Re: [COMMITTERS] pgsql: Implement sharable row-level locks, and use them for foreign key - Mailing list pgsql-hackers

From Tom Lane
Subject Re: [COMMITTERS] pgsql: Implement sharable row-level locks, and use them for foreign key
Date
Msg-id 1745.1114748267@sss.pgh.pa.us
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In response to Re: [COMMITTERS] pgsql: Implement sharable row-level locks, and use them for foreign key  (Alvaro Herrera)
List pgsql-hackers
Alvaro Herrera <> writes:
> One point I didn't quite understand was the business about XLogging
> heap_lock_tuple.  I had to reread your mail to -hackers on this issue
> several times to get it (as you can see I don't fully grok the WAL
> rules).  Now, I believe that heap_mark4update was wrong on this, no?
> Only it didn't matter because after a crash nobody cared about the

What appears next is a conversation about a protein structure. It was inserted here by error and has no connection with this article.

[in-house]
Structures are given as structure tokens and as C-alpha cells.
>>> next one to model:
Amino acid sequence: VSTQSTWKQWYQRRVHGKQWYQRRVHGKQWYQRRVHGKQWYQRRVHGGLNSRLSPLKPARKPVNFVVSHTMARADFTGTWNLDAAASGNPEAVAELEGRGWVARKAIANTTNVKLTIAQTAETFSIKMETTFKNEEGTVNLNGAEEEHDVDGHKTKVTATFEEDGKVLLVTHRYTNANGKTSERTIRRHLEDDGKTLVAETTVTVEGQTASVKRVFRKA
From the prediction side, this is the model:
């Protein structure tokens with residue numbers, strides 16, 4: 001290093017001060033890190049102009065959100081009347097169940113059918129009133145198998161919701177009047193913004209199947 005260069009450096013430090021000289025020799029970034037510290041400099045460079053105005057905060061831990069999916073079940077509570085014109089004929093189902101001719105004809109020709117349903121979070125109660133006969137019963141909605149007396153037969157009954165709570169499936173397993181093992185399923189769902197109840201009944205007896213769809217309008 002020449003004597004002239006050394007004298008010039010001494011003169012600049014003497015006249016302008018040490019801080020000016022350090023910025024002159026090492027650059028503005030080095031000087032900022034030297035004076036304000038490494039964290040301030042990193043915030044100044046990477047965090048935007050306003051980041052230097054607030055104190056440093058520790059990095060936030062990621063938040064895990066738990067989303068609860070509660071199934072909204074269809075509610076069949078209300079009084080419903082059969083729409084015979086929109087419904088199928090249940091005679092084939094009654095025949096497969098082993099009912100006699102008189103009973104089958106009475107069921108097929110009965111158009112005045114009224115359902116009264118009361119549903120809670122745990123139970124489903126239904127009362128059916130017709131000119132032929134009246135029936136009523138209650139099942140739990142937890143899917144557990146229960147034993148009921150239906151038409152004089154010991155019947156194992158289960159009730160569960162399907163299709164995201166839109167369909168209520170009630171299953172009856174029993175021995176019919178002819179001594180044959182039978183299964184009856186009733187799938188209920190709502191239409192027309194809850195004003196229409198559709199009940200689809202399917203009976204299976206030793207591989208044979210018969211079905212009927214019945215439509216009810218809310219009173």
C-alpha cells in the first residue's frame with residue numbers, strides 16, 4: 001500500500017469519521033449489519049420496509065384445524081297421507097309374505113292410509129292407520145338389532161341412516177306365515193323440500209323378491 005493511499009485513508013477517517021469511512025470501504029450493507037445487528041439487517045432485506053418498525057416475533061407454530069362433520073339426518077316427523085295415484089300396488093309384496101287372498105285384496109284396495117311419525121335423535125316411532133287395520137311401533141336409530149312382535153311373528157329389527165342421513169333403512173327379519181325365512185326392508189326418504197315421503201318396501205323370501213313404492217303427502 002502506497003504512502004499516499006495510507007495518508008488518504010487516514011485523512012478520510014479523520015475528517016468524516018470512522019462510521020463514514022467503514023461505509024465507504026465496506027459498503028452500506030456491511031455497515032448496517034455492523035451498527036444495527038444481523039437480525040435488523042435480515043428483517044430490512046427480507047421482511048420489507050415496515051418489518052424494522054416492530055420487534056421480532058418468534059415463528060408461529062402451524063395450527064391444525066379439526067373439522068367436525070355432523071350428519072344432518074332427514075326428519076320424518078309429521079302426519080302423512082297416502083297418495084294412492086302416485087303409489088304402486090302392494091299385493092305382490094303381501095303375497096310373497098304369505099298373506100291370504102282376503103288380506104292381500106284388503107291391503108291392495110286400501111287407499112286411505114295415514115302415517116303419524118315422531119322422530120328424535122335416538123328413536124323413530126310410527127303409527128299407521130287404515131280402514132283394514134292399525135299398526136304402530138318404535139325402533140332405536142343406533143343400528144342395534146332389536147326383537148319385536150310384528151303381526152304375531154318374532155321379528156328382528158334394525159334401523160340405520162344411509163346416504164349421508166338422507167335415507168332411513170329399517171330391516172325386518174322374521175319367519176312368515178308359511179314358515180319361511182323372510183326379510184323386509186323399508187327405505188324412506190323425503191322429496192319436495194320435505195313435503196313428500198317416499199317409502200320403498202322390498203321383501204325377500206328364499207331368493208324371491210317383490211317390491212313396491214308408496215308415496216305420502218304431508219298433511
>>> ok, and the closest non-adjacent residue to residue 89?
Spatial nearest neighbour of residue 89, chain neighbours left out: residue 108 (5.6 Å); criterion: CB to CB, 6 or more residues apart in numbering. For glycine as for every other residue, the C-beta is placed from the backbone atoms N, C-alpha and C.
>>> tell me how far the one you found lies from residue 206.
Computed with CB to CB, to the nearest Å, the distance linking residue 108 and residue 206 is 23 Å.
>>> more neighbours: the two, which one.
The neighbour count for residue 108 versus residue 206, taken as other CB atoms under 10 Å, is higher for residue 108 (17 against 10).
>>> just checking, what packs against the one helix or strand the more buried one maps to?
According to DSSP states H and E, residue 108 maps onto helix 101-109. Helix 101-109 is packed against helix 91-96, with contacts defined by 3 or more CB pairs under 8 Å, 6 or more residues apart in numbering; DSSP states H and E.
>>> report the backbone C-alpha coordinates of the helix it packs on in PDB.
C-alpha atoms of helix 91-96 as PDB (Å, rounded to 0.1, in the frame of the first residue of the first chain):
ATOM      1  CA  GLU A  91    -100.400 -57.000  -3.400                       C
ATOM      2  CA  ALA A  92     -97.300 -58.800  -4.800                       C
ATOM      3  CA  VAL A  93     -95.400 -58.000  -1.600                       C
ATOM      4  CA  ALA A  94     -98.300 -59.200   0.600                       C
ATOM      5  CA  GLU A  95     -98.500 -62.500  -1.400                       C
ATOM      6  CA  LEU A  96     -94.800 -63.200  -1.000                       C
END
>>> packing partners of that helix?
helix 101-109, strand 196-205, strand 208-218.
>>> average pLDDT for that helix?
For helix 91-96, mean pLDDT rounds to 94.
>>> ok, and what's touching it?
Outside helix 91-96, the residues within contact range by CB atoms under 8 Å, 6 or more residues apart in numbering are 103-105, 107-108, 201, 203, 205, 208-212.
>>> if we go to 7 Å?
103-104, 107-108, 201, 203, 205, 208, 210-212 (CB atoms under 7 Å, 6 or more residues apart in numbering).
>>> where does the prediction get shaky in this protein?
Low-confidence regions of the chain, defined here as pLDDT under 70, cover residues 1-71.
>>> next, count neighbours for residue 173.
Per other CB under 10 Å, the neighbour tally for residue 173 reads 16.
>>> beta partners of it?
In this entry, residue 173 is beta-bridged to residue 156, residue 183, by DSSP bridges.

> stored Xmax.

Well, actually the reason I decided to put in xlogging there was that
I realized it was already broken before.  In the existing code it was
possible to have this scenario:* transaction N selects-for-update some tuple, so N goes into  the tuple's XMAX.*
transactionN ends without doing anything else.  Since it's  not produced any XLOG entries, xact.c thinks it doesn't
need to emit either a COMMIT or ABORT xlog record.* therefore, there is no record whatsoever of XID N in XLOG.*
bgwriterpushes the dirty data page to disk.* database crashes.* on restart, WAL replay sets the XID counter to N or
less, because there is no evidence in the XLOG for N.* now there will be a "new" transaction N that is mistakenly
consideredto own an update lock on the tuple.
 

While the negative impact of this situation is probably not high,
it's clearly The Wrong Thing.

The MultiXactId patch introduces a second way to have the same
problem, ie a MultiXactId on disk for which there is no evidence
in XLOG, so the MXID might get re-used after restart.

In view of the fact that we want to do 2PC sometime soon, and that
absolutely requires xlogging every lock, I thought that continuing to
try to avoid emitting an xlog record for heap_lock_tuple was just silly.
        regards, tom lane


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